Theresa Fyffe, director of the Royal College of Nursing Scotland, said the report should highlight "the urgency with which workforce planning now needs to be addressed".

She said: "Audit Scotland has hit the nail on the head. For too long plans have been restricted by what is affordable and achievable with the staff available, rather than focusing on strategic, long-term planning to meet demand. The result is that Scotland has too few nursing staff in post and too few nurses being trained.

"Staff across NHS Scotland are under enormous, unrelenting pressure to meet ever growing demand. The significant workforce challenges set out in the report must be addressed robustly, realistically and rapidly if patients are to get the care that they need."

'Serious challenges'

Dr Peter Bennie, chairman of the British Medical Association Scotland, said there were "serious workforce challenges facing the health service in Scotland which must be tackled by the Scottish government as a matter of urgency".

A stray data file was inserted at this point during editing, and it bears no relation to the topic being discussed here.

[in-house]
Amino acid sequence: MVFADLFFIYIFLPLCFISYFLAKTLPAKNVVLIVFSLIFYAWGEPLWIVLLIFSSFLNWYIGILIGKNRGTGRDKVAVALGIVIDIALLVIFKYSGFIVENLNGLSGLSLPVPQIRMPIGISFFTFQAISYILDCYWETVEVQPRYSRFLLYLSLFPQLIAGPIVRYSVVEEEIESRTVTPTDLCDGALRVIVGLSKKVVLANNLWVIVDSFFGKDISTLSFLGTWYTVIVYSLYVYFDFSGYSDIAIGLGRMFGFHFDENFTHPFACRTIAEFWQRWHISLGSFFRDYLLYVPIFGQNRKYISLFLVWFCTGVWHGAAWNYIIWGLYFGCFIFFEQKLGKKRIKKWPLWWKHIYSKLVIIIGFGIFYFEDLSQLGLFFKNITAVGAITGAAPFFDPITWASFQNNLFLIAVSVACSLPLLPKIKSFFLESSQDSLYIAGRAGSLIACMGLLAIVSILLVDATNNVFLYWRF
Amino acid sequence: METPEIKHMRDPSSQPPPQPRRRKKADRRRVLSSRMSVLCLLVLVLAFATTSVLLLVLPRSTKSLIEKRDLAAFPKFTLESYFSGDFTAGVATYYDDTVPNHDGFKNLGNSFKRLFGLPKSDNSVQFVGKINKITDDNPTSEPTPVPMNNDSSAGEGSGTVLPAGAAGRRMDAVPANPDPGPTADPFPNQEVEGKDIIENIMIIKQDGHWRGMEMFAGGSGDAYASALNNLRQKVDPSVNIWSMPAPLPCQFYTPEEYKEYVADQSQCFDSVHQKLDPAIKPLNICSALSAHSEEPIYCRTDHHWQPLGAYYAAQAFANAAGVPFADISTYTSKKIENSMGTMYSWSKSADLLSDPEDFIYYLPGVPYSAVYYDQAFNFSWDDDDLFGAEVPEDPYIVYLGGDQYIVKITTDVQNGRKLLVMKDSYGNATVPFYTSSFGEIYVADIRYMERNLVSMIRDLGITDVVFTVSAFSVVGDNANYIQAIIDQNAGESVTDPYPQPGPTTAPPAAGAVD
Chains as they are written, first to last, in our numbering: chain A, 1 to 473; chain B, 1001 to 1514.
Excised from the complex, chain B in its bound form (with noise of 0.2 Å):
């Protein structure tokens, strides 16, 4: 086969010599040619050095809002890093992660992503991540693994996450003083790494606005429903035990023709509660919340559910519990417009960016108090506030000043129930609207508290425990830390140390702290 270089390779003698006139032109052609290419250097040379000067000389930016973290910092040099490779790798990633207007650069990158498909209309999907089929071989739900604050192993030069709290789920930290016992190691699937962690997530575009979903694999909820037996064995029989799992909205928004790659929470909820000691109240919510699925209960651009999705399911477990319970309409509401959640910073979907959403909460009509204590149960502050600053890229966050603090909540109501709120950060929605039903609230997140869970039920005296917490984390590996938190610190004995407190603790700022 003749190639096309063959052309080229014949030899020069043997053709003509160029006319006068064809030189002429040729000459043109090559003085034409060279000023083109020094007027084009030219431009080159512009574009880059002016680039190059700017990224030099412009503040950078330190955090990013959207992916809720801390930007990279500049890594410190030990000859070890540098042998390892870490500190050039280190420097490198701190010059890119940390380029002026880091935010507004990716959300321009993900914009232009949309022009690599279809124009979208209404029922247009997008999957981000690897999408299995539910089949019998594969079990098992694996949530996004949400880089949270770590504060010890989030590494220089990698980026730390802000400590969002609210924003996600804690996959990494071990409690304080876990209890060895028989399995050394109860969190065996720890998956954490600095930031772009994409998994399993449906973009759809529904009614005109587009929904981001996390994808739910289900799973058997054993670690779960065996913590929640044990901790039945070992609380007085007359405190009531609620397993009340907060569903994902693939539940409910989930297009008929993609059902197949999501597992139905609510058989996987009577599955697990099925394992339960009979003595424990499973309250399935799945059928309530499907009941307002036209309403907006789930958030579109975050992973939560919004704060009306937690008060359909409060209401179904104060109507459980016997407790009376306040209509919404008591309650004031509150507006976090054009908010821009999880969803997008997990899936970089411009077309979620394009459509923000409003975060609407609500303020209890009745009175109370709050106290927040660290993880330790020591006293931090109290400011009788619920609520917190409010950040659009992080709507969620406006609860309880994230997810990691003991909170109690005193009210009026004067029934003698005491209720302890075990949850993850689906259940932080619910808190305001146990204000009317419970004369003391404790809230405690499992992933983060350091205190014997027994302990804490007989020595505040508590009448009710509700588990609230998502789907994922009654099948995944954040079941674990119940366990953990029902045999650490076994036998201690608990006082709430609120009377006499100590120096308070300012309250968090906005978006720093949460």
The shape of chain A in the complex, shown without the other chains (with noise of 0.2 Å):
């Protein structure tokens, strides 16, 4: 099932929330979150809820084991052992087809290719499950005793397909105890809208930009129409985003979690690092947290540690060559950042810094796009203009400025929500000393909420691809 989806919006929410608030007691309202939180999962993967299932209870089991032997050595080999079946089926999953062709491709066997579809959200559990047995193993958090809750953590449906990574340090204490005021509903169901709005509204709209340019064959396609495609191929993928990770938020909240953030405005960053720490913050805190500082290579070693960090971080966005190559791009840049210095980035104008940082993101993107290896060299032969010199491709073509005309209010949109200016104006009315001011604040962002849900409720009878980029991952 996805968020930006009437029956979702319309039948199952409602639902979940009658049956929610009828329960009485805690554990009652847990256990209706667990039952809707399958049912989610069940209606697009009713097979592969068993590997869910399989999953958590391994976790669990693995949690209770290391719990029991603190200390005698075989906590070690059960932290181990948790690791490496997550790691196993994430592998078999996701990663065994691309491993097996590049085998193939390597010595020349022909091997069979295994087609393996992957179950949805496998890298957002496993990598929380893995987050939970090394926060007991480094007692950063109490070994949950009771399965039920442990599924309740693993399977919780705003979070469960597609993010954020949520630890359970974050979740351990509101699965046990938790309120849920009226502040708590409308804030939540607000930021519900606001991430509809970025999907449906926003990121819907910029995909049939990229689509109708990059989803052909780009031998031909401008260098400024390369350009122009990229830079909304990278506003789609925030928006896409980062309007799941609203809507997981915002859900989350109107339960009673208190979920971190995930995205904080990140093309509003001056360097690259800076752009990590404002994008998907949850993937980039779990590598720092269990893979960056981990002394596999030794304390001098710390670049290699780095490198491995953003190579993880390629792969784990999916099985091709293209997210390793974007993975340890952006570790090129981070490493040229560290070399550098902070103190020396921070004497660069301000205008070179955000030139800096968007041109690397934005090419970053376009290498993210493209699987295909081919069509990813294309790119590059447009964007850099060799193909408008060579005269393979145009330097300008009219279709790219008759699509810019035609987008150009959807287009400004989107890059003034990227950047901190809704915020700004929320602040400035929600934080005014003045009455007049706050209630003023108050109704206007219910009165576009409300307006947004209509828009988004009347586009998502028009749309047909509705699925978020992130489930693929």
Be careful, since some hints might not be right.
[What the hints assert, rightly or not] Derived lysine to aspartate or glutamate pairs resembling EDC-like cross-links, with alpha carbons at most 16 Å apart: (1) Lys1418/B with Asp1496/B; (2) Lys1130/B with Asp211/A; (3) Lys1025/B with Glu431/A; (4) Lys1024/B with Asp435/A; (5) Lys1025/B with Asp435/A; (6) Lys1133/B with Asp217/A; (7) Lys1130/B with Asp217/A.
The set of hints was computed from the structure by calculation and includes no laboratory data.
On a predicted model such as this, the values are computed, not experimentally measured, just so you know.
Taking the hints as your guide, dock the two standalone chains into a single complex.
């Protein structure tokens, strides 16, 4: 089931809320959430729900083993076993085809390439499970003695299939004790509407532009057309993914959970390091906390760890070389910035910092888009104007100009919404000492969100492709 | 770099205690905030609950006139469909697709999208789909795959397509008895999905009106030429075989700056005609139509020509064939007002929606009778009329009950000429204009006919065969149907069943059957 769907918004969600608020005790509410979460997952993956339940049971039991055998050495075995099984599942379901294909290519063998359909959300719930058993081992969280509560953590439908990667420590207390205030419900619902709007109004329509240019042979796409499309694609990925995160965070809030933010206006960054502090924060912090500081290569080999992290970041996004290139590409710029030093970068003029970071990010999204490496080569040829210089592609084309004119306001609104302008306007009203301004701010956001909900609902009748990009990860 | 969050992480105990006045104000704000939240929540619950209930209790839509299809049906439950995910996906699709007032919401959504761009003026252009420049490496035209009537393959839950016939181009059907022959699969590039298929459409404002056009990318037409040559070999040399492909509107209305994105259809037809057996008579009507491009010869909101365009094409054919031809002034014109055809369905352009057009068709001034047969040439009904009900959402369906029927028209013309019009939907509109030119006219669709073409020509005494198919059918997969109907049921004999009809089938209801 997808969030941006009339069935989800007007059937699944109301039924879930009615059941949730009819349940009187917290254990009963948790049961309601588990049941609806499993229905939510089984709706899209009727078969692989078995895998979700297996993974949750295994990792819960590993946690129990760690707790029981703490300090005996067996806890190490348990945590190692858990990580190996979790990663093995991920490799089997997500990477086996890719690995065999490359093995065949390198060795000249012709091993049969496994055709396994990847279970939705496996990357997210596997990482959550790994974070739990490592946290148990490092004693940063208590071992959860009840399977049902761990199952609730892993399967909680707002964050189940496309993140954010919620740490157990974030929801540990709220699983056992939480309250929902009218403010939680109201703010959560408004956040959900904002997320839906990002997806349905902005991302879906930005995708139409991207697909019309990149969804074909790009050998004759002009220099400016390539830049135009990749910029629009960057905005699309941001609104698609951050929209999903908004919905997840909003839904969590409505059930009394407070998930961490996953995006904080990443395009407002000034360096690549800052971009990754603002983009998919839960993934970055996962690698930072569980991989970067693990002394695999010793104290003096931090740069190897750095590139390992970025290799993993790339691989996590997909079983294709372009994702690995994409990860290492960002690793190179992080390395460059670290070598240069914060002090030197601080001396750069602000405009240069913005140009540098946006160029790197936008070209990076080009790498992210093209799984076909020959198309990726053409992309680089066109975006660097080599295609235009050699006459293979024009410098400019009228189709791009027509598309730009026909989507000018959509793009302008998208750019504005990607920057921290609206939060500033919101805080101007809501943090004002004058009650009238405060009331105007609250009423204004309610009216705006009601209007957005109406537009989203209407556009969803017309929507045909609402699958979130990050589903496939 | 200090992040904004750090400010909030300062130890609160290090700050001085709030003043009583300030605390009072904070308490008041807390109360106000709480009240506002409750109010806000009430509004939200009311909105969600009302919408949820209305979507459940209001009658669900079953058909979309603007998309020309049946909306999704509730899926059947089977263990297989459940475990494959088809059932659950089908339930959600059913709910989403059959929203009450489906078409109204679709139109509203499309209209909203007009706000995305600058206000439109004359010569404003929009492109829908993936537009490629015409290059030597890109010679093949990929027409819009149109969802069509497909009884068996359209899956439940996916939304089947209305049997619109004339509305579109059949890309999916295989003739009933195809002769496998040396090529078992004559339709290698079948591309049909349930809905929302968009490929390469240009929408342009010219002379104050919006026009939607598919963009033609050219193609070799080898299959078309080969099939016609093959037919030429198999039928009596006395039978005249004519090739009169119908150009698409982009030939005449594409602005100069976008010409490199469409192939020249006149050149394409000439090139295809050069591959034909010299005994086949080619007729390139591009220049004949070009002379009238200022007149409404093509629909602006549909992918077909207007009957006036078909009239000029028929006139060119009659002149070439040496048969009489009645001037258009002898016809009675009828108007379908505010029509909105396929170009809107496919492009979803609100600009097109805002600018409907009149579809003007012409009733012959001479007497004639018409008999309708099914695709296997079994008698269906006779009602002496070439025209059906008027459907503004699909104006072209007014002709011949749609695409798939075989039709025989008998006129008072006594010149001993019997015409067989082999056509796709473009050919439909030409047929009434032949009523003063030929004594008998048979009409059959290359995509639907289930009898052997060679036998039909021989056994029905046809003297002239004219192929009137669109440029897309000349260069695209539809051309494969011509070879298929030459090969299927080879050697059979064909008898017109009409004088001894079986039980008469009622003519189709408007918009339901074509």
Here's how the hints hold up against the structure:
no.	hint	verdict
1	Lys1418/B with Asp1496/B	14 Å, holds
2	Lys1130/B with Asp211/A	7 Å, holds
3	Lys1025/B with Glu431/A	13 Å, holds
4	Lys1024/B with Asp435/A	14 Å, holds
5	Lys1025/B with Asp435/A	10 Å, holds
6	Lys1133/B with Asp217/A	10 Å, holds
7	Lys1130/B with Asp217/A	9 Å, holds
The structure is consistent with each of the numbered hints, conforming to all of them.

And Matt McLaughlin, Unison Scotland's head of health, said there was "no doubt that the service needs to significantly up its game when it comes to workforce planning".

He added: "Management teams, staff and unions are being asked to save millions, maintain services at the current level and plan for a different future. That reality means that workforce planning is being pulled in different directions as short term needs outweighs long term planning."

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Shona Robison said she understood the necessity to have "the right staff in the right places"

Health Secretary Shona Robison told BBC Scotland that she accepted all of the recommendations in the report.

Ms Robison noted that the government published the first part of its National Health and Social Care Workforce Plan in June, which sets out how to improve planning to recruit, develop and retain staff.